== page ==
In the end, the ruling NDP was left with some 315 seats, noticeably fewer than the 388 representatives it controlled in the outgoing assembly, but still above the two-thirds majority needed to control legislation.

The weakness of the secular opposition parties was driven home when they won a total of only 14 seats between them. This included the neo-liberal Wafd Party, traditionally referred to as Egypt’s strongest opposition party.

While local civil rights groups, international watchdog organisations and the US State Department all roundly condemned Cairo’s handling of the parliamentary contests, many observers have called it a watershed in terms of gains by the opposition.

"It was a step in the right direction, even though there were a lot of violations by state security," Cairo-based analyst Khaled Sewelam told IRIN. "It was a democratic transformation, albeit a tightly controlled one."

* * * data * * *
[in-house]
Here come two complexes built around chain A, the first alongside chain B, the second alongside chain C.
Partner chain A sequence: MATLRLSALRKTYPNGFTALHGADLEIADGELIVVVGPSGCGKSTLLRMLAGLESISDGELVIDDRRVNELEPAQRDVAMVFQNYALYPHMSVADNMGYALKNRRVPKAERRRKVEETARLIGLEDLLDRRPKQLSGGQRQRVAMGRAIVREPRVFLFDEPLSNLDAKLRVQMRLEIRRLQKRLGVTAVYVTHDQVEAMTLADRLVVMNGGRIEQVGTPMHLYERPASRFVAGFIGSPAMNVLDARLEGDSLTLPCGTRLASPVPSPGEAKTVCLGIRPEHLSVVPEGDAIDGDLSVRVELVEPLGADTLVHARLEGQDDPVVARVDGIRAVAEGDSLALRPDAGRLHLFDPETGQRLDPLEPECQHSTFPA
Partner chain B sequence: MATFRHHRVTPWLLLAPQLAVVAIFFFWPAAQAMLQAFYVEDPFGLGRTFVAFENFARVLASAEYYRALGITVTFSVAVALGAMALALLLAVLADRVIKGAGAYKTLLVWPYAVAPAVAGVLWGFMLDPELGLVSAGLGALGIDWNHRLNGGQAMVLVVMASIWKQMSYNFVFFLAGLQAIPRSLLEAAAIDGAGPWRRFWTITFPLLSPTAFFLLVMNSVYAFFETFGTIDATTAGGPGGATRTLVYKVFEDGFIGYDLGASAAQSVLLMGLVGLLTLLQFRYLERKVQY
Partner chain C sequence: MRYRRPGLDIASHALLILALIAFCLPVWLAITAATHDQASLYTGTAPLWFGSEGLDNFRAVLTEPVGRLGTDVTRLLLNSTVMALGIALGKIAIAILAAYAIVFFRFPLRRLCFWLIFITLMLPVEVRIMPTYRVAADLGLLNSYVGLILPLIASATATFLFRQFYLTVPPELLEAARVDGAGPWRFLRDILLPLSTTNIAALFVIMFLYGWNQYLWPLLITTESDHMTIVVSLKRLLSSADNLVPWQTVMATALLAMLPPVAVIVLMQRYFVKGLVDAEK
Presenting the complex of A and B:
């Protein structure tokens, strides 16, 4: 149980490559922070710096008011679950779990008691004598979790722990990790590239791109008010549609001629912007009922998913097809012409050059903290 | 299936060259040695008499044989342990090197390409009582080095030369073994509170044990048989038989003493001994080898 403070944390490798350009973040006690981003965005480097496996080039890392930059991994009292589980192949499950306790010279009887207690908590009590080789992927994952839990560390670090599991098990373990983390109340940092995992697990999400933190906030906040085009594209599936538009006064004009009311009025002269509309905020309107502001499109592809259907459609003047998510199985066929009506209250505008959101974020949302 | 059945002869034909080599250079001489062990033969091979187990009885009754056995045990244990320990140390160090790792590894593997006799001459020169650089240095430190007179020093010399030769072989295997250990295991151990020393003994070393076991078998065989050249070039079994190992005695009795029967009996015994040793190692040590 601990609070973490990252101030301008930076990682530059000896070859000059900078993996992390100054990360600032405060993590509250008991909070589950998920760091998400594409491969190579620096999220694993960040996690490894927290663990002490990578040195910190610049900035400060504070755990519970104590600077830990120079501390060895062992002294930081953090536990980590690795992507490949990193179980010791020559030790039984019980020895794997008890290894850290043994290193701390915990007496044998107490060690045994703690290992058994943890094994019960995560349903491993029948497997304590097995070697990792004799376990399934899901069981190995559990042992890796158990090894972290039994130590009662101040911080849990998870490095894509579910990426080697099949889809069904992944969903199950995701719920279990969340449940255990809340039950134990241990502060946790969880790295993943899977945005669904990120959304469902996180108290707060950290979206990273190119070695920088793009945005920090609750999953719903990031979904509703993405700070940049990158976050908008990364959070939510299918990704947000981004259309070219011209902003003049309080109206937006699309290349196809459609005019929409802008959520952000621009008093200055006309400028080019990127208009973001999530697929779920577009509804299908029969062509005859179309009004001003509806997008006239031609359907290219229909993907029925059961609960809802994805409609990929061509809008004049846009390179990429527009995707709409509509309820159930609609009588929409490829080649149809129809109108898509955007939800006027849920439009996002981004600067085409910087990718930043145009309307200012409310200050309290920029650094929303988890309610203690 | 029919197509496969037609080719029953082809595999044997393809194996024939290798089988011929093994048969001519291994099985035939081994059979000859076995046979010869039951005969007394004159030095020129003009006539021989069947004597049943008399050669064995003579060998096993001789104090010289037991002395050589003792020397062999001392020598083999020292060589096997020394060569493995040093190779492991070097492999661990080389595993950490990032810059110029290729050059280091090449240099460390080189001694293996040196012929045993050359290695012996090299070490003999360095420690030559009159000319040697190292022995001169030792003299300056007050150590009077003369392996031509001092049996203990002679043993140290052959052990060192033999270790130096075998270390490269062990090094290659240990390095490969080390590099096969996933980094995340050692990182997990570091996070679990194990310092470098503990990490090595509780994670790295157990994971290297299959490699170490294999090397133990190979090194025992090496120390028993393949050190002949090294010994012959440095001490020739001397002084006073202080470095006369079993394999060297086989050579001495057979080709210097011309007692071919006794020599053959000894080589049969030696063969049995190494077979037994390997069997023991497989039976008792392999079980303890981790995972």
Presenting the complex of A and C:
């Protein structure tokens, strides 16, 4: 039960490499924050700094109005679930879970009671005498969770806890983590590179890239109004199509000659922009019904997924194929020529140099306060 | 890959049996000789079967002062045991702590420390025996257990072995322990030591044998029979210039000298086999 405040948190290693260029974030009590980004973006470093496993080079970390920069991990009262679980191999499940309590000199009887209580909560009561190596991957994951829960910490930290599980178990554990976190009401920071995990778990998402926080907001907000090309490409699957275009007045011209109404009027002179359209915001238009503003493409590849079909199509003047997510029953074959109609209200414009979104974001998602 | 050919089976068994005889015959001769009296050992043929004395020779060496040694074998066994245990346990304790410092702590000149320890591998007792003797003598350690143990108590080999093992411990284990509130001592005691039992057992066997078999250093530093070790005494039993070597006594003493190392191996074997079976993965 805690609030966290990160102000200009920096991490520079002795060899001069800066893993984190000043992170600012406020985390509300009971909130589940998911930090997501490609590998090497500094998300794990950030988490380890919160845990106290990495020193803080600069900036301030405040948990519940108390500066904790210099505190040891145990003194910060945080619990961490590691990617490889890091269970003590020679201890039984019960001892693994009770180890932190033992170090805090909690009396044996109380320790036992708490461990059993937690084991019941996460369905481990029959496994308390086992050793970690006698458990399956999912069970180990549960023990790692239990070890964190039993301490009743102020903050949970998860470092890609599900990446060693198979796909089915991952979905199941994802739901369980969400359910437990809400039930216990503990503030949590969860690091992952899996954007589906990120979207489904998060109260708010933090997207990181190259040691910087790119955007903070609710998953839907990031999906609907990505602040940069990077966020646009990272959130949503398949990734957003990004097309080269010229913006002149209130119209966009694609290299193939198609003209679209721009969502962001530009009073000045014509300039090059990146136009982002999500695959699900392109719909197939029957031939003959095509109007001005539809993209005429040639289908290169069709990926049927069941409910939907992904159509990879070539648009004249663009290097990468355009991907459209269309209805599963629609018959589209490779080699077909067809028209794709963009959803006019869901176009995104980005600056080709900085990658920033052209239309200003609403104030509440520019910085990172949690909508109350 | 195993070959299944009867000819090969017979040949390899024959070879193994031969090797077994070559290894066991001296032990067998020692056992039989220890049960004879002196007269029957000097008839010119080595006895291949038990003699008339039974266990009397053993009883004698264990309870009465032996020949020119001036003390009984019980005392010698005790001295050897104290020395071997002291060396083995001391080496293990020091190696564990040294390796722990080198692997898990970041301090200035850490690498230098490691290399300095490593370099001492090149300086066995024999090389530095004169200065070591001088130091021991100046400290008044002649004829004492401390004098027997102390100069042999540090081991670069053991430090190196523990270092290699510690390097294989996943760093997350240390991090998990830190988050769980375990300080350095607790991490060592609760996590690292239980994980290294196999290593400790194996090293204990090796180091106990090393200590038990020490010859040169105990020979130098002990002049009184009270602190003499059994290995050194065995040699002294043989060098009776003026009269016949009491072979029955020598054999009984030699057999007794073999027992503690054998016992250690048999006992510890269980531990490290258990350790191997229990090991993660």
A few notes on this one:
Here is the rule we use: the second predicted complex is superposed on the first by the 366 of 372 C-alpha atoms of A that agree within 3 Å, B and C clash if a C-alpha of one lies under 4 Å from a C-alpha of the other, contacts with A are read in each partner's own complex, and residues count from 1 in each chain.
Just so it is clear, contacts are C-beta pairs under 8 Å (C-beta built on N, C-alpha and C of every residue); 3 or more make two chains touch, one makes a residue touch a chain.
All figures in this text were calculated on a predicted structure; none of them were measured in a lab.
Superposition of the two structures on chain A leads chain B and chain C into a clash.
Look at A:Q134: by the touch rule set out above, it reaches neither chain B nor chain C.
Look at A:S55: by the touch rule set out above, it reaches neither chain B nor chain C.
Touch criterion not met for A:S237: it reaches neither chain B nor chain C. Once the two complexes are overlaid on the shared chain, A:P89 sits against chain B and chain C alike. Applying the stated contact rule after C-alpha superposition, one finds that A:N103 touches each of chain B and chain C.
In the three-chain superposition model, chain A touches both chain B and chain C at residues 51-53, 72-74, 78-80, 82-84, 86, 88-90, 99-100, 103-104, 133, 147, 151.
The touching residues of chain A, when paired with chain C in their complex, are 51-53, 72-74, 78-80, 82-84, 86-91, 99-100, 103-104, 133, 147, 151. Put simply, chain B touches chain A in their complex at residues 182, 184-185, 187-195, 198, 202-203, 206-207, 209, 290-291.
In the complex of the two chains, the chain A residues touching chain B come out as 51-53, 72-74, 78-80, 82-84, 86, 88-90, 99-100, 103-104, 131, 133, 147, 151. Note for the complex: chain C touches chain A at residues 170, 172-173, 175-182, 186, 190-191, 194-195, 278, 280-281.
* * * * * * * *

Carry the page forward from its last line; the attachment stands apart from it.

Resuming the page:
Nevertheless, on 24 December, the state took another step backward, sentencing Al-Ghad Party chief, Nour, who ran against Mubarak in presidential elections earlier in the year, to five years in prison. Nour was found guilty on fraud charges that his supporters insist are politically motivated.

For the time being, Egypt’s prospects for further progress in the process of democratisation remain in question.

By the end of 2005, observers were awaiting the opening of the next session of parliament in January, to see what kind of pressure the incoming assembly, with its roughly one hundred opposition representatives, would be able to put on the ruling party.


This material comes to you via IRIN, a UN humanitarian information unit, but May not necessarily reflect the views of the United Nations or its agencies. If you re-print, copy, archive or re-post this item, please retain this credit and disclaimer. Quotations or extracts should include attribution to the original sources. All materials copyright © UN Office for the Coordination of Humanitarian Affairs 2006